Stay Up-to-Date in Your Field, K-12

The Search Alert service is a powerful teaching/learning/organizing tool. It is available for (most of) the EBSCO databases. Teachers can use it to develop units or to contribute to their continuous professional development. Students can use it for big research projects or to stay up-to-date on a personal topic of interest.

Let’s say you want to track a topic for an entire school year or want some assistance in finding resources to keep current on a topic you’re teaching. Let’s use the example of a secondary teacher trying to stay up-to-date on African culture. You can create a search profile in most of the EBSCO online databases (except Student Research Center) and then receive an e-mail daily, weekly, biweekly, or monthly with new magazine and/or newspaper articles on the topic; or receive an RSS feed.

Follow these steps or watch the silent demonstration video.

Go to
--Enter the online database username/password assigned to your school (this step might be optional depending on IP).
--Click Sign In and create your own personal account.
--Click Choose Databases and click the boxes next to the appropriate databases and click Continue. For the African culture search, we’ll choose Advanced Placement Source, History Reference Center, MasterFILE Premier, Newspaper Source, Newspaper Source Plus, TOPICsearch.
--Enter your search topic—note the various search options of full-text, peer reviewed, reading level, journal name, etc.
--Click Search.
--Peruse your results in case the search strategy needs to be changed.
--Click Alert/Save/Share in the blue bar.
--Choose E-mail Alert. Add your e-mail information and select your settings.
--Click Save Alert.

Famous Artists DVDs, 3-8

Two new DVDs have been added to the Getting to Know the World’s Greatest Artists series: Edgar Degas and Mary Cassatt. This series mixes animation with photographs of the actual works. The DVDs are available for checkout through media reservations.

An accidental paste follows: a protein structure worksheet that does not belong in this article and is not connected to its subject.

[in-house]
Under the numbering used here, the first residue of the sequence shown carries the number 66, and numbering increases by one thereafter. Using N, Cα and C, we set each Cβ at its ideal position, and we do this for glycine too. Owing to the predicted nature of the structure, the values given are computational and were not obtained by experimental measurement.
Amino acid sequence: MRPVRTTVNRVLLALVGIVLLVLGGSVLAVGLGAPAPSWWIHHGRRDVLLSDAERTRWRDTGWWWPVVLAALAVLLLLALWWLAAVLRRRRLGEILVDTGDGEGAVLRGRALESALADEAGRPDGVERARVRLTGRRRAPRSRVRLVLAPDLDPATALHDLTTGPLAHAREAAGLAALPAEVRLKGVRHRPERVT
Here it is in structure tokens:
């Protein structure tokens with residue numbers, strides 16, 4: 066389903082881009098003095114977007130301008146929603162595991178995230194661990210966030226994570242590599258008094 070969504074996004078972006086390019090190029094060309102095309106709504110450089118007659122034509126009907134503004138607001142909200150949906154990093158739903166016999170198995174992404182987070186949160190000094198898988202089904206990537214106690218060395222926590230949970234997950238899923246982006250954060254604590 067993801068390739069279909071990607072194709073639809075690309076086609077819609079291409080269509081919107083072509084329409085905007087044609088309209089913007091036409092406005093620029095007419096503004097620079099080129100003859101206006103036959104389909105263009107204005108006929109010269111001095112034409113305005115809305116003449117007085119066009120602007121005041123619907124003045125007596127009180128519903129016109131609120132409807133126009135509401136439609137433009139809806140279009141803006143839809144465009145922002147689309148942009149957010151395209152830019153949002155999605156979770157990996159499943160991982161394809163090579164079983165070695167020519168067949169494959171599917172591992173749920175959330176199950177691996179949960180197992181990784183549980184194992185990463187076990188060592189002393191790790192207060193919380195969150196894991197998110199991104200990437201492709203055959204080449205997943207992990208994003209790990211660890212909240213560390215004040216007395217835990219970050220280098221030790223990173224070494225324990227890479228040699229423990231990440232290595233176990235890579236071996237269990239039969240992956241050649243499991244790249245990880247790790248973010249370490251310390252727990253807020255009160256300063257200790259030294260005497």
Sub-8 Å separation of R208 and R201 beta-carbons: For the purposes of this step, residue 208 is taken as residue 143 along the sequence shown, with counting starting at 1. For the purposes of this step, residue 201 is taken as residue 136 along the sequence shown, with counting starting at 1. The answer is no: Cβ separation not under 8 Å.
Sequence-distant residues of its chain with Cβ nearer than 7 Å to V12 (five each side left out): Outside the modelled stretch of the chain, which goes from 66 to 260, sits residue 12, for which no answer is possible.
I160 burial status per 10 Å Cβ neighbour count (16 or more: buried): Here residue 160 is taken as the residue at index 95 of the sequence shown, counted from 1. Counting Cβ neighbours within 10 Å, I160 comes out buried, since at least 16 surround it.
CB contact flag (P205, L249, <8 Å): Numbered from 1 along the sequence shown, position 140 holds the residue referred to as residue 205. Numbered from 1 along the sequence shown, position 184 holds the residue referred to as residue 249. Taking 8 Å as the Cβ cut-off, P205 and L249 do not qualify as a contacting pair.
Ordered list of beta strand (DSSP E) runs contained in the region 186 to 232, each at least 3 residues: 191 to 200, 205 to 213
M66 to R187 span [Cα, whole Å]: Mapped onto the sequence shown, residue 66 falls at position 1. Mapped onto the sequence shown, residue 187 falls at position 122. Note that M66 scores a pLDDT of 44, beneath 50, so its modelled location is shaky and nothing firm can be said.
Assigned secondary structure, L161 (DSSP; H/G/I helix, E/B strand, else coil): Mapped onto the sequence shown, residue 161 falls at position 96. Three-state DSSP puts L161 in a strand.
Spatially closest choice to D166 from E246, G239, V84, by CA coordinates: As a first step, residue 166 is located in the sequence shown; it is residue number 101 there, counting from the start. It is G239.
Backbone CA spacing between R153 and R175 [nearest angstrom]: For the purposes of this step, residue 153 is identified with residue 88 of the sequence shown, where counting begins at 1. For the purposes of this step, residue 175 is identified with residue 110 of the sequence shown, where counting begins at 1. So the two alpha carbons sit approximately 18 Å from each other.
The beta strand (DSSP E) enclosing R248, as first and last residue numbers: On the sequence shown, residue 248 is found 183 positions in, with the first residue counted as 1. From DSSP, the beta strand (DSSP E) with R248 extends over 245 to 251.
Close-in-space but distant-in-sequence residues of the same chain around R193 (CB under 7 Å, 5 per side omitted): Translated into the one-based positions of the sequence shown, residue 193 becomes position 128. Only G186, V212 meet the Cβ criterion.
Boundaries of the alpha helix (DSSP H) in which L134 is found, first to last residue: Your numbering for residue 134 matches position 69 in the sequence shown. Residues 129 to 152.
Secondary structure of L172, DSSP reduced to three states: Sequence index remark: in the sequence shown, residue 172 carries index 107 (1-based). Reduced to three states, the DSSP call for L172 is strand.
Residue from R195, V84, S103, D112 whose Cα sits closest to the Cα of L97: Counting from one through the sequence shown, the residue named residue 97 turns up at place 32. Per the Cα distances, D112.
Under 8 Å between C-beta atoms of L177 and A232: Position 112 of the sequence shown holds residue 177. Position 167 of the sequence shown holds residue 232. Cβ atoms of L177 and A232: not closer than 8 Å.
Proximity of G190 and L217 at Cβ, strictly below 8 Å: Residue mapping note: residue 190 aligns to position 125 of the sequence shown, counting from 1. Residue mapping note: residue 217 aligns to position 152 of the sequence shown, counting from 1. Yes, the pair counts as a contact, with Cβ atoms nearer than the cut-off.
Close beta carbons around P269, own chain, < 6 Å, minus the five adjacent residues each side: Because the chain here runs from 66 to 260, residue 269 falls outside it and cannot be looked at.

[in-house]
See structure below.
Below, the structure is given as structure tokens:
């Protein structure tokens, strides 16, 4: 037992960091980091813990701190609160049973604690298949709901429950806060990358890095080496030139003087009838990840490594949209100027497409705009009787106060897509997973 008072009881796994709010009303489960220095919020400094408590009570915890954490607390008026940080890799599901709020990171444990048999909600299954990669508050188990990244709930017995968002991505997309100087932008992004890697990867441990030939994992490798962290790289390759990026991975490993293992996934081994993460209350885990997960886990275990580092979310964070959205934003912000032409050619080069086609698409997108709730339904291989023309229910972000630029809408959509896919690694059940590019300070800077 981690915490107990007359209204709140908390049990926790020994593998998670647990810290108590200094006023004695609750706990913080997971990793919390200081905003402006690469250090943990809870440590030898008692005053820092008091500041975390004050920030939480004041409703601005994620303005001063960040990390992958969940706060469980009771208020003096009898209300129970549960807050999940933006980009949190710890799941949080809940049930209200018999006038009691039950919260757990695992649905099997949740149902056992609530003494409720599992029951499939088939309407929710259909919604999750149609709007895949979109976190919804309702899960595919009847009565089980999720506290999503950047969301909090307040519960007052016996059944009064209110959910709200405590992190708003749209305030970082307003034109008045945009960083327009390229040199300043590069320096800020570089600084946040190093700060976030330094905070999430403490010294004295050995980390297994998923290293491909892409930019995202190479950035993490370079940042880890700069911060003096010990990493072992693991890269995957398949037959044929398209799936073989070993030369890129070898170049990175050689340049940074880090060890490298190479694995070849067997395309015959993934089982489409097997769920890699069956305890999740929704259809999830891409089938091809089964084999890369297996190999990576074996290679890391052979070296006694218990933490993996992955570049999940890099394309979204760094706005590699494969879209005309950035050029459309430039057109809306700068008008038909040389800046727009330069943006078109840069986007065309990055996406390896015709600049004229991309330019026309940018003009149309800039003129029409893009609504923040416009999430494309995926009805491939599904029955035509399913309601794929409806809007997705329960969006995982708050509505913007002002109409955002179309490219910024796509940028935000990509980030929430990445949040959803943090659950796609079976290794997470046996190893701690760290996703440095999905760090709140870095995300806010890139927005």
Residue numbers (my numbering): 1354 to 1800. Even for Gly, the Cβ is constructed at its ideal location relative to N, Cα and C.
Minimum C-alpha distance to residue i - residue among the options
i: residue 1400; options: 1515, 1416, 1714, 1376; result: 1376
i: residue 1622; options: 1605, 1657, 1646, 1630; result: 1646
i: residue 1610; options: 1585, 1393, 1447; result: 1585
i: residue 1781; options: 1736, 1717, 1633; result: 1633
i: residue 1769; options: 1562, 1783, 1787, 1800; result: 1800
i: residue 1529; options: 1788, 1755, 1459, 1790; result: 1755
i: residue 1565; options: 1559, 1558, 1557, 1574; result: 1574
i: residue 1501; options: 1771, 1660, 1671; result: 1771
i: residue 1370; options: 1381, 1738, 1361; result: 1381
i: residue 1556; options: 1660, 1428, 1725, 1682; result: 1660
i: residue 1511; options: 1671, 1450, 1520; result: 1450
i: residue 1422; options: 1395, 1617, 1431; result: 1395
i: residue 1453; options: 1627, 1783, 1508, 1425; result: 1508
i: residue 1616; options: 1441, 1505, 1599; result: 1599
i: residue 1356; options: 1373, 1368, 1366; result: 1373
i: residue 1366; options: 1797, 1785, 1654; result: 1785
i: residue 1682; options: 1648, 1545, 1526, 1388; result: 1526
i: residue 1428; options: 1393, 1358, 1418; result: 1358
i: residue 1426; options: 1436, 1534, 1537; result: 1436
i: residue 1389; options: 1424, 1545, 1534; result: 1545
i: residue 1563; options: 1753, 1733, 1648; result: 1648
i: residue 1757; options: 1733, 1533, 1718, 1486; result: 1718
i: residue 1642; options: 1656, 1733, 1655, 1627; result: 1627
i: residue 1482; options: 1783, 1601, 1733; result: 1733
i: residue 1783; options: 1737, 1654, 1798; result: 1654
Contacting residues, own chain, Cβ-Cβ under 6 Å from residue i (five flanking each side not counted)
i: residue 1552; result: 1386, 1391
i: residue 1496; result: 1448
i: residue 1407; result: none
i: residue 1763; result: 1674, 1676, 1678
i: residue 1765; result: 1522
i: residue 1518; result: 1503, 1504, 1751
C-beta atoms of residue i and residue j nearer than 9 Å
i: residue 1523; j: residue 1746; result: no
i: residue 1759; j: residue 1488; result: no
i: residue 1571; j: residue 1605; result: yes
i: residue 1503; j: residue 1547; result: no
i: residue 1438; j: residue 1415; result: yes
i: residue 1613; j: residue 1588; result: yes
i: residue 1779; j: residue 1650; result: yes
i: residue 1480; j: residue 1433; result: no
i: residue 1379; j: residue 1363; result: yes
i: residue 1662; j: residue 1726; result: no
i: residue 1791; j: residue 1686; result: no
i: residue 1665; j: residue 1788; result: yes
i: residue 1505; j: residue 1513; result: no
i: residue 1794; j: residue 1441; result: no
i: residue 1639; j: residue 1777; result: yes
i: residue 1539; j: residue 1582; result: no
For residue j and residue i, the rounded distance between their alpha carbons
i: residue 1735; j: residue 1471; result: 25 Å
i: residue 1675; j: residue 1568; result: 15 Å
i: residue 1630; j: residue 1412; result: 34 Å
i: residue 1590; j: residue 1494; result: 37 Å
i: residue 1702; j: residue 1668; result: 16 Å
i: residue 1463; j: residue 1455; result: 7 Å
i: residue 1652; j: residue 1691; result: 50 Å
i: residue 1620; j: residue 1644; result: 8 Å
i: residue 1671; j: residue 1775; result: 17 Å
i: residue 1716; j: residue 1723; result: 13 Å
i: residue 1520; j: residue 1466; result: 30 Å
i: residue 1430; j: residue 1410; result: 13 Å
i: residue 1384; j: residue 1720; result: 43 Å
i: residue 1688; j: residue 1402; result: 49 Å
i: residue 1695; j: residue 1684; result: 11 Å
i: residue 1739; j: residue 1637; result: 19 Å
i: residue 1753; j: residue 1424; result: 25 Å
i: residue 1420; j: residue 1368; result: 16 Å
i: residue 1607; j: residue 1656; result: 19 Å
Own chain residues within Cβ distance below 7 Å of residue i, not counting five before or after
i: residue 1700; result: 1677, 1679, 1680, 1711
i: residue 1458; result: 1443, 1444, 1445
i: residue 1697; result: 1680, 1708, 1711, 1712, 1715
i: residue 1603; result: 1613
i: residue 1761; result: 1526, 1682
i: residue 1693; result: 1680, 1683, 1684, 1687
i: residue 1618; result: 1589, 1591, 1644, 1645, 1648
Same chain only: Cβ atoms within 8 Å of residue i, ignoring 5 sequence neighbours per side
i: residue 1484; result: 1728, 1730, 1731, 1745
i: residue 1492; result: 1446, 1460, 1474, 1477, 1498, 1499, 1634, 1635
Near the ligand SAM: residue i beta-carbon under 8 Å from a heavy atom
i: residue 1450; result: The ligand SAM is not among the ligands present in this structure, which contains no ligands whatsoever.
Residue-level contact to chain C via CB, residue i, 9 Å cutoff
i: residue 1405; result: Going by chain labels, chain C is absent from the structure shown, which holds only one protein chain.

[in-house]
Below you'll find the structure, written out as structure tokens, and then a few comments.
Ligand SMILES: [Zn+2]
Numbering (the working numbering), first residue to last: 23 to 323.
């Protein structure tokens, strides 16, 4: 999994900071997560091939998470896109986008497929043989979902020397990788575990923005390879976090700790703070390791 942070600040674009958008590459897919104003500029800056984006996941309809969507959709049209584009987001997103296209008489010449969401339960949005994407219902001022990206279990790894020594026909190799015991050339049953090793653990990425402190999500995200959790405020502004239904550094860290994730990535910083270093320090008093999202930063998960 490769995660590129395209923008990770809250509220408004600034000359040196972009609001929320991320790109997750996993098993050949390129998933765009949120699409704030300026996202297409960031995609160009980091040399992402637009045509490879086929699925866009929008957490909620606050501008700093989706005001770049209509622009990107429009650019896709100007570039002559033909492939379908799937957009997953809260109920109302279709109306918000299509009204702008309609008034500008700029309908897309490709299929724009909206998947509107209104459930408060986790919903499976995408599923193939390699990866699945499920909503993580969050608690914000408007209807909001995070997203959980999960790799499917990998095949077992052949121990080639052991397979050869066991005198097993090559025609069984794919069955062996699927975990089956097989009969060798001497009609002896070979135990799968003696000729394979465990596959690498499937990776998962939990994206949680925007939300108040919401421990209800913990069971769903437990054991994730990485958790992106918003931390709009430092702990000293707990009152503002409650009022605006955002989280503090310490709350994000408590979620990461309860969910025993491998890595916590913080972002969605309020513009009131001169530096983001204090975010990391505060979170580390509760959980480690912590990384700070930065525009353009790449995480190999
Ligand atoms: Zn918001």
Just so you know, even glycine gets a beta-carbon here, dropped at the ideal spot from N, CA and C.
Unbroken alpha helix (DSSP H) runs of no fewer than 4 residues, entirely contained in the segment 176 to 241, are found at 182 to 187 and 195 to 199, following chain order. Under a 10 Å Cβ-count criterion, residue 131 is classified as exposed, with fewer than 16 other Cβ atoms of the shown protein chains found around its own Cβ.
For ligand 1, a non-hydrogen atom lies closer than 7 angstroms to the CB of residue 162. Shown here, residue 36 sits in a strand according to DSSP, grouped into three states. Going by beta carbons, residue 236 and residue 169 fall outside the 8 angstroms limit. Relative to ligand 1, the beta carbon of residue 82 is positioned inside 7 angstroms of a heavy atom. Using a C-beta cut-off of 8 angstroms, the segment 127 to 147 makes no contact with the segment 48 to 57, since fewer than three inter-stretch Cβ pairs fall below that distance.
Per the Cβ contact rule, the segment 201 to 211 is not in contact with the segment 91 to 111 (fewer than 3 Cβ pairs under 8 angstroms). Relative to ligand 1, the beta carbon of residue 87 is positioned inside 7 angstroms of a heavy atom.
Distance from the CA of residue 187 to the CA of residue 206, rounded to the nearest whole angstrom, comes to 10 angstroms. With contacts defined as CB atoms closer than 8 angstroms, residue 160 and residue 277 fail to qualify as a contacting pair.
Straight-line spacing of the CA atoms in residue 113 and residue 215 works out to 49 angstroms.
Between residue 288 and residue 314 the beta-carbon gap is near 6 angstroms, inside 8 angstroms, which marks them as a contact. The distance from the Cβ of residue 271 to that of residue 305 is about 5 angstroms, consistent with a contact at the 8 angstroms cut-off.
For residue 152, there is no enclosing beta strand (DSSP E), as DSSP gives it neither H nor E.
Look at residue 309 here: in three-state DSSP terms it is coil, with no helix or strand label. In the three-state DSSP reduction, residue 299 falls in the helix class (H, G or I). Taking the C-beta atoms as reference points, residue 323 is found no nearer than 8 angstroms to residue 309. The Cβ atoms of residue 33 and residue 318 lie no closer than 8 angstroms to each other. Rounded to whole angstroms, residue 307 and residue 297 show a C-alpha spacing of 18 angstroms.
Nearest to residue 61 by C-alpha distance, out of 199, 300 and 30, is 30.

Andy Warhol #808830
Claude Monet #805077
Da Vinci #808039
Edgar Degas #810068
Mary Cassatt #810091
Michelangelo #808038
Rembrandt #808040
Van Gogh #805078

Brothers Grimm DVDs, K-8

This new DVD series adapts these famous stories to more modern and multicultural settings. The DVDs are available for checkout through media reservations.

Ashpet: an American Cinderella #810063
This live-action version of "Cinderella" is set in the rural South in the early years of World War II.

Jack and the dentist’s daughter #810065
African American actors in period costumes and vintage cars re-enact a version of the Grimms' comic story, "The Master Thief," in a small 1930s American town.

Hansel & Gretel, The frog king, and Bearskin #810066
Hansel & Gretel are sent in Appalachia; Frog king is set in an upper-lcass, late 19th century dining room; Bearskin is set during the Civil War.

Rapunzel, Rapunzel; The goose girl; and Bristlelip
Rapunzel is set in America in 1900, Goose girl is 17th century America, and Bristlelip in federalist Virginia in 1815.

Willa: an American Snow White
The setting is early 20th century America.

Science of Disney Imagineering DVDs, 6-12

The Walt Disney Imagineers demonstrate how they use the engineering design process throughout Disney's theme parks. Four new DVDs have be added to this series: Design and Models, Electricity, Energy, Friction. The DVDs are available for checkout through media reservations.

Animal adaptations: communication #809644
Design and models #810056
Electricity #810054
Energy #810057
Fluids #810055
Friction #810053
Gravity #809177
Levers and pulleys #809176
Magnetism #809645
Newton’s 3 laws of motion #809646
Trajectory #809175

American Presidents DVDs, 6-12

These Disney programs feature 2-4 minute biographies. The DVDs are available for checkout through media reservations
1945-2010: Postwar United States and contemporary United States #810062
1890-1945: The emergence of modern America / The great depression / WW II #810061

Rosetta Stone® Software, K-12

The Iowa Educators Consortium (IEC) has negotiated an extension of the special rate for Rosetta Stone® Classroom licenses to December 15, 2010. There will be a demonstration of the software at the Heartland Learning Center, November 17, 1:00-4:00. Please contact Franklin Moomaw to register or to schedule a personalized consultation, or 800-788-0822, ext. 7866.